the repetition of the same word or group of words at the beginning of successive clauses, sentences, or lines.
The rhythmically significant stress in the articulation of words,giving some syllables more relative prominence than others.In words of two or more syllables,one syllable is almost invariably stressed more strongly than the other syllables.words of one syllable may be either stressed or unstressed,depending on the context in which they are used,but connective one-syllable words like ,and,but,or,to.etc,are generally unstressed.The words in a line of poetry are usually arranged so the accents occur at regular intervals,with the meter defined by the placement of the accents within the foot.Accent should not be construed as emphasis.
Also called head rhyme or initial rhyme,the repetition of the initial sounds(usually consonants) of stressed syllables in neighboring words or at short intervals within a line or passage,usually at word beginnings as in "wild and woolly" or the line from the poem,darkness lost.
The relatively close juxtaposition of the same or similar vowel sounds,byt with different end consonants in a line or passage,thus a vowel rhyme,as in the words,date and fade.
A pleasing combination of sounds,sounds in agreement with tone.also the repetition of the same end consonants of words such as boat and night within or at the end of a line,or the words,cool and soul,as used by Emily Dickinson in the third stanza of He Fumbles at your Spirit.
A pleasin sounds in the jarring juxtaposition of harsh letters or syllables,sometimes inadvertent,but often deliberately used in poetry of effect,as in the opening line of Fences.crawling,sprawling,breaching spokes of stone.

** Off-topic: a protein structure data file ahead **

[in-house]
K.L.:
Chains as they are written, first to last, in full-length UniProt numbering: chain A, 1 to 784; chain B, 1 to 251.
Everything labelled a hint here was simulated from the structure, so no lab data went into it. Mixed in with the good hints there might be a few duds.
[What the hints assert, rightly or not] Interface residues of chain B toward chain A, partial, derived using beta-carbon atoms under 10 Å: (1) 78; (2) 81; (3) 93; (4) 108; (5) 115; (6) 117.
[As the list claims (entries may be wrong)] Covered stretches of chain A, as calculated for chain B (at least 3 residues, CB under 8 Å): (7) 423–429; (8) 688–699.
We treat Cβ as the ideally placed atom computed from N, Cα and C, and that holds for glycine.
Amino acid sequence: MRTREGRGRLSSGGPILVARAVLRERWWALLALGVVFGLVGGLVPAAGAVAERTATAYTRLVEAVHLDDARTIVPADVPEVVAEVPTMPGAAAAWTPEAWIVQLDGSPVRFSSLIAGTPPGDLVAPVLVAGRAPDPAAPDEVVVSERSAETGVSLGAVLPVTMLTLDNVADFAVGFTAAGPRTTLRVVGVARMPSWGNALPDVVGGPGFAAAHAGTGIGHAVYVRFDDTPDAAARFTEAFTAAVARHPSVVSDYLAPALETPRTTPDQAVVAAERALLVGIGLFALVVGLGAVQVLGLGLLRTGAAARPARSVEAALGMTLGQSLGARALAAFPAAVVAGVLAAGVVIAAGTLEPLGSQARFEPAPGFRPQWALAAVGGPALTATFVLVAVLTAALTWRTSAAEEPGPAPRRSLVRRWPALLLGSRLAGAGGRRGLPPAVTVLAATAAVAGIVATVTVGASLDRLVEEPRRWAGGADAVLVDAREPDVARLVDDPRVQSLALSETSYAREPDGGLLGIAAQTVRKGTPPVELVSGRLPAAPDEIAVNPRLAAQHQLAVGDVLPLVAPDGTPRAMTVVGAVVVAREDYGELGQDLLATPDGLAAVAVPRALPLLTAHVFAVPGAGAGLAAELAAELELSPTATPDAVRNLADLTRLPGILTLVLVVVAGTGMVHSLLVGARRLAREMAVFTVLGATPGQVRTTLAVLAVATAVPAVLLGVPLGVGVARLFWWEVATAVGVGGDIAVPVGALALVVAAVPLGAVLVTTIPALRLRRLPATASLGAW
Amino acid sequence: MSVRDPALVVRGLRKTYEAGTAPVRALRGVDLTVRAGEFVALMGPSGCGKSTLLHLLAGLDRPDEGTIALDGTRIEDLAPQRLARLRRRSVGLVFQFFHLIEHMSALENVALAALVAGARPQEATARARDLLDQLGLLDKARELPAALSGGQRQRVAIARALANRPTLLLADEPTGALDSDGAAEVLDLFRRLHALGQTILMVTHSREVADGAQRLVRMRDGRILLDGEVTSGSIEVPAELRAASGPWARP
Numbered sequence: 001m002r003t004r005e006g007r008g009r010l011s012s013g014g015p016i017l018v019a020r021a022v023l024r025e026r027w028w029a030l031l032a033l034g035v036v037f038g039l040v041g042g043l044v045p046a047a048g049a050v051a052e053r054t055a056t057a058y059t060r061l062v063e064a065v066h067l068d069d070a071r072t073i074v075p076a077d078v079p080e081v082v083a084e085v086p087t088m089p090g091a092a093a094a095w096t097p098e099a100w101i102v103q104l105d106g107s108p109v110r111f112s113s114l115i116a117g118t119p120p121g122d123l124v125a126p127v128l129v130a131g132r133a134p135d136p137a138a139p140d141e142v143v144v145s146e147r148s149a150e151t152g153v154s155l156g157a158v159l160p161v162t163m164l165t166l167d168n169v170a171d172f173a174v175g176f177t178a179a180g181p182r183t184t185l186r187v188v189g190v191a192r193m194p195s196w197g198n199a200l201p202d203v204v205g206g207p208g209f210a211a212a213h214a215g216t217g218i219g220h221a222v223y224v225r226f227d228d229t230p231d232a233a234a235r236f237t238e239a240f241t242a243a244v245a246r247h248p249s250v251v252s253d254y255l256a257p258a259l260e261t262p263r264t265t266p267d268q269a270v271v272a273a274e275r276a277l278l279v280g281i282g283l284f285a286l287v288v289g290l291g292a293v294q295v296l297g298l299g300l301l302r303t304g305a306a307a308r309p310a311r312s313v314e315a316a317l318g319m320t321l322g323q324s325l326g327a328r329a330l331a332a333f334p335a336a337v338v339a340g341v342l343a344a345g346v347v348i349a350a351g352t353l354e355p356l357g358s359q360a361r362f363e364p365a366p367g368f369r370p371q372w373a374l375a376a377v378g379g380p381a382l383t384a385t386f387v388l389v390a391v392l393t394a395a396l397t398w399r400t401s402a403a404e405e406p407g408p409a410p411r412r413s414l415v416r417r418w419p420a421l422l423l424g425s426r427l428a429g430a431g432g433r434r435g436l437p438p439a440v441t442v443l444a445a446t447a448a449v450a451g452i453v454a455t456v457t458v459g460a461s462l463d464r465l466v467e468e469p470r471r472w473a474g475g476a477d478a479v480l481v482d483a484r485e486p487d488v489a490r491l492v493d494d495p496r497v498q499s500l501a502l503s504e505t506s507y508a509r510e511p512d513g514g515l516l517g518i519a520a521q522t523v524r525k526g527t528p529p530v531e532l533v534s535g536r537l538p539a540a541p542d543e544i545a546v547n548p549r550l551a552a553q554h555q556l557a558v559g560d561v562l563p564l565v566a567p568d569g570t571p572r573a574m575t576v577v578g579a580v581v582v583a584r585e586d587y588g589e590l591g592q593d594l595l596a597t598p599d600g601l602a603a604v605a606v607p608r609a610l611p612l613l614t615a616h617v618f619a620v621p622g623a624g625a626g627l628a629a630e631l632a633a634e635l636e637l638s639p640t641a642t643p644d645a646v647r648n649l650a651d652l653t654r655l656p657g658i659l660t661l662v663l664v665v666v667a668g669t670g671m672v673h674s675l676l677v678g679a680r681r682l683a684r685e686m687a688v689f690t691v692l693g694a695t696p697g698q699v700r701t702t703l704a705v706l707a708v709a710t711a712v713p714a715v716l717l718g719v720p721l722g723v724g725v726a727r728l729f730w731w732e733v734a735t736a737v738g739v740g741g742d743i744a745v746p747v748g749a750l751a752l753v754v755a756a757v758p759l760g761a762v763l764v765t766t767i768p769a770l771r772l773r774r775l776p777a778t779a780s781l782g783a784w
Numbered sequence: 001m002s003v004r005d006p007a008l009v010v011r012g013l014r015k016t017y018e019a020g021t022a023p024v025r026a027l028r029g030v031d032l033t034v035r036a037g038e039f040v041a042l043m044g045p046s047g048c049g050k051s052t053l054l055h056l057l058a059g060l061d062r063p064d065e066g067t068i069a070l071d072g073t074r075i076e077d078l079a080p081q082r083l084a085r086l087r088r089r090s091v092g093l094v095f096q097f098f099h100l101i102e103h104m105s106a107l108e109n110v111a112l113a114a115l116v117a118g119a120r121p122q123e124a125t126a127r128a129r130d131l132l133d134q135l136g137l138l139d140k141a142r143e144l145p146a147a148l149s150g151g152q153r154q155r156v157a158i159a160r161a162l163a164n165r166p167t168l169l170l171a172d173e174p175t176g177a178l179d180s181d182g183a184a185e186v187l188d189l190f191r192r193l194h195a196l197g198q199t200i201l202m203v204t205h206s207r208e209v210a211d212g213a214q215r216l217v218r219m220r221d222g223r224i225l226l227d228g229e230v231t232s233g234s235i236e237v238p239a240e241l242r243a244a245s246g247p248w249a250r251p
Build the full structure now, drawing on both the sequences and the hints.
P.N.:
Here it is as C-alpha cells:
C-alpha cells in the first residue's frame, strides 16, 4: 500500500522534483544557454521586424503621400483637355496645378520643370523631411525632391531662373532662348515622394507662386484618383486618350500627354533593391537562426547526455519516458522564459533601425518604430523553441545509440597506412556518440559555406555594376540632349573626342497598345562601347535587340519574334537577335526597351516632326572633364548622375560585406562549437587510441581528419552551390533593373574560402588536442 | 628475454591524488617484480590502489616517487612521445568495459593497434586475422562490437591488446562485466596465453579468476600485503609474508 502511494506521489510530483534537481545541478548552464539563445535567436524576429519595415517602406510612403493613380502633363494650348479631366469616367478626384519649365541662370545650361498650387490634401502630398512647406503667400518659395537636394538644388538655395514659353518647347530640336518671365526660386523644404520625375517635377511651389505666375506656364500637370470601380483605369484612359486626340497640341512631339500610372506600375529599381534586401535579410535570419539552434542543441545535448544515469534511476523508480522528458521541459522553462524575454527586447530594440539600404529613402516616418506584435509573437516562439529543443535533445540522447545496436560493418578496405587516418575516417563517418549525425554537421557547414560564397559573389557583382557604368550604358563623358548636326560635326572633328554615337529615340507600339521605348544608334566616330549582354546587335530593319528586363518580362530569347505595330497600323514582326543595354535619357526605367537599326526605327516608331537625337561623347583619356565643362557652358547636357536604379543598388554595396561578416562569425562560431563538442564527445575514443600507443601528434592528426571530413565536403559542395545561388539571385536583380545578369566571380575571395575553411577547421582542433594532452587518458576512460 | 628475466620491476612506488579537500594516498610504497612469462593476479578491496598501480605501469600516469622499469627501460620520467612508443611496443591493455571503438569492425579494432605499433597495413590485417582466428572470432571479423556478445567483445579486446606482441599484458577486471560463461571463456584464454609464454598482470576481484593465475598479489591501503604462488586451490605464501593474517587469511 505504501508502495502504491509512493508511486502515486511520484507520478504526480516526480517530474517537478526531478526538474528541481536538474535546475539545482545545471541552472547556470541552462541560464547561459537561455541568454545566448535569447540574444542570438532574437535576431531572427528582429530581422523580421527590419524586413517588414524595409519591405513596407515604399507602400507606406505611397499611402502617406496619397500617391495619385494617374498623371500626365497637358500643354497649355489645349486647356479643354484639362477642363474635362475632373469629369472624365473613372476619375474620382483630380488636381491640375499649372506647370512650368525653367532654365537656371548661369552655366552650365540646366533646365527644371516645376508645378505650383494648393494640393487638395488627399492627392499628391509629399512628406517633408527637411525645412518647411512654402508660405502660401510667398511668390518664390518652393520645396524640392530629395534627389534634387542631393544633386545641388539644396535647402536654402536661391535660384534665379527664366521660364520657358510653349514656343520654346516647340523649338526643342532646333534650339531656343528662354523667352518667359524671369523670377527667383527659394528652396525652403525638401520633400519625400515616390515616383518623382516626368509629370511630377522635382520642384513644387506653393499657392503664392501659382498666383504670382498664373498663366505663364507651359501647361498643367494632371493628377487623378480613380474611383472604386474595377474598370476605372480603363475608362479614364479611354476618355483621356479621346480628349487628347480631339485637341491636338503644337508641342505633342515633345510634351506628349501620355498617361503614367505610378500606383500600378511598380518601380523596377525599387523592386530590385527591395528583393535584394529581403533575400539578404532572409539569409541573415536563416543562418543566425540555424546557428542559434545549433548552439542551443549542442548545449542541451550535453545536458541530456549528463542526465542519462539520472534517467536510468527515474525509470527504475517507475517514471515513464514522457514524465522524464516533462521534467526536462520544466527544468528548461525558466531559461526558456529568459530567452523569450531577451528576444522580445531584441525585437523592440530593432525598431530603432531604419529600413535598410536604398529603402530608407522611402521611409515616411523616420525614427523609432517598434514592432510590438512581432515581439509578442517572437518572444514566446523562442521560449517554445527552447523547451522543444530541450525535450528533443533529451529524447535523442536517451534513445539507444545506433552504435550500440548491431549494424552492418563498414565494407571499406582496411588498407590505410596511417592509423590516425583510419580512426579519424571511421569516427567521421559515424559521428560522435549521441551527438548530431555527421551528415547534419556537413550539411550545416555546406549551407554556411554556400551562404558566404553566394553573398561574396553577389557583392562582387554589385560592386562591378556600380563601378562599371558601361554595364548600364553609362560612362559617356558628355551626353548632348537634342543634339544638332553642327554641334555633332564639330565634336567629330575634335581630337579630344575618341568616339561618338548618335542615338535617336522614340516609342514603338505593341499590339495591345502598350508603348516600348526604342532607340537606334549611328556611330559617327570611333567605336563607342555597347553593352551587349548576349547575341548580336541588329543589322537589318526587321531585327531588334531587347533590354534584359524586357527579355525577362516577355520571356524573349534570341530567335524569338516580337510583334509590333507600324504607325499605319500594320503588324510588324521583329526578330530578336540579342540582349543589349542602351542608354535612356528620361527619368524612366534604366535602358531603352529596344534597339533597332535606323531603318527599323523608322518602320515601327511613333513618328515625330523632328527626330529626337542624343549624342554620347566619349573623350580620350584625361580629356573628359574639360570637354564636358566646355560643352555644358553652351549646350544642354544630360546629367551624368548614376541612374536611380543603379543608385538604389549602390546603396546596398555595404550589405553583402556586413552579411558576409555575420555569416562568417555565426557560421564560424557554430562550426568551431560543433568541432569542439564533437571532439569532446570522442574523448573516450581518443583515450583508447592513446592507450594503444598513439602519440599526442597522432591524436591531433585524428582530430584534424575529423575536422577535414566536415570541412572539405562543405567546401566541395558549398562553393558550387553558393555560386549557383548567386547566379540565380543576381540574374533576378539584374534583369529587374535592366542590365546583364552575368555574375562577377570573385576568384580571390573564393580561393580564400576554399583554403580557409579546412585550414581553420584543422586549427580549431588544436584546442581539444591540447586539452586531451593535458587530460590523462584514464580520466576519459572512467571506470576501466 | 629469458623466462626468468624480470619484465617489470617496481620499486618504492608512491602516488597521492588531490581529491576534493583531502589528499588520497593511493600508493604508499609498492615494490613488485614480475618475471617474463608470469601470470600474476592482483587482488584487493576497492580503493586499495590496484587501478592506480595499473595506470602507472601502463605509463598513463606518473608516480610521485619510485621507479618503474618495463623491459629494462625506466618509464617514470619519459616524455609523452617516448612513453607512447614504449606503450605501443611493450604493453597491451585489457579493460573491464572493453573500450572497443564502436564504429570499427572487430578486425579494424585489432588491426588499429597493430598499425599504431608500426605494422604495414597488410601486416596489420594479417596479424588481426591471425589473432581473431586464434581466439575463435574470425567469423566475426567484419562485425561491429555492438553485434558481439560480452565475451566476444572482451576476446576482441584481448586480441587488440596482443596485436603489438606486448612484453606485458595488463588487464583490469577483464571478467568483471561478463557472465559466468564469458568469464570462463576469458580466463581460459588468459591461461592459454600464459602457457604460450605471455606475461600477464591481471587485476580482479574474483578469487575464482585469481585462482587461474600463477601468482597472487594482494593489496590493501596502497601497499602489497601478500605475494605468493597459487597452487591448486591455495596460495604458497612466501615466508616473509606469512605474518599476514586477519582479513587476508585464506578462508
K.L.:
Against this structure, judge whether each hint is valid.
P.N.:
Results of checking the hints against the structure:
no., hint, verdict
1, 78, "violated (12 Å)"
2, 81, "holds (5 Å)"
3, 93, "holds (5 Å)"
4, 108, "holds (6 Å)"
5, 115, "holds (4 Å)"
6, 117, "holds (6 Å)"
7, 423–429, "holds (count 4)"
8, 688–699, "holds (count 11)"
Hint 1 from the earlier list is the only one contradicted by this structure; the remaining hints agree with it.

A mingling or union of harsh,inharmonious sounds that are grating to the ear.
Harmony or beauty of sound that provides a pleasing effect to the ear,usually sought-for in poetry for is achieved not only by the selection of individual word-sounds,but also by their relationship in the repetition,proximity,and flow of sound patterns.
Also called middle rhyme,a rhyme occurring within the line,as in the poem,The Matador.His childhood fraught with lessons taught by want and misery.
Internal Rhyme
In poetry,the harmonious use of language relative to the variations of stress and pitch.
Strictly speaking, the formation or use of words which imitate whispering,clang and sizzle,but the term is generally expanded to refer to any word whose sounds is suggestive of its meaning.sidelight:because sound is an important part of poetry ,the use of onomatopoeia is another subtle weapon in the poet's arsenal for the transfer of sense impressions through imagery.
sound suggestiveness.the association of particular word-sounds with common areas of meaning so that other words of similar sounds come to be associated with those is also called sound symbolism.
phonetic symbolism
the quality of richness or variety of sounds in poetic texture as in Milton's ...and the thunder...ceases now to bellow through the vast and boundless deep.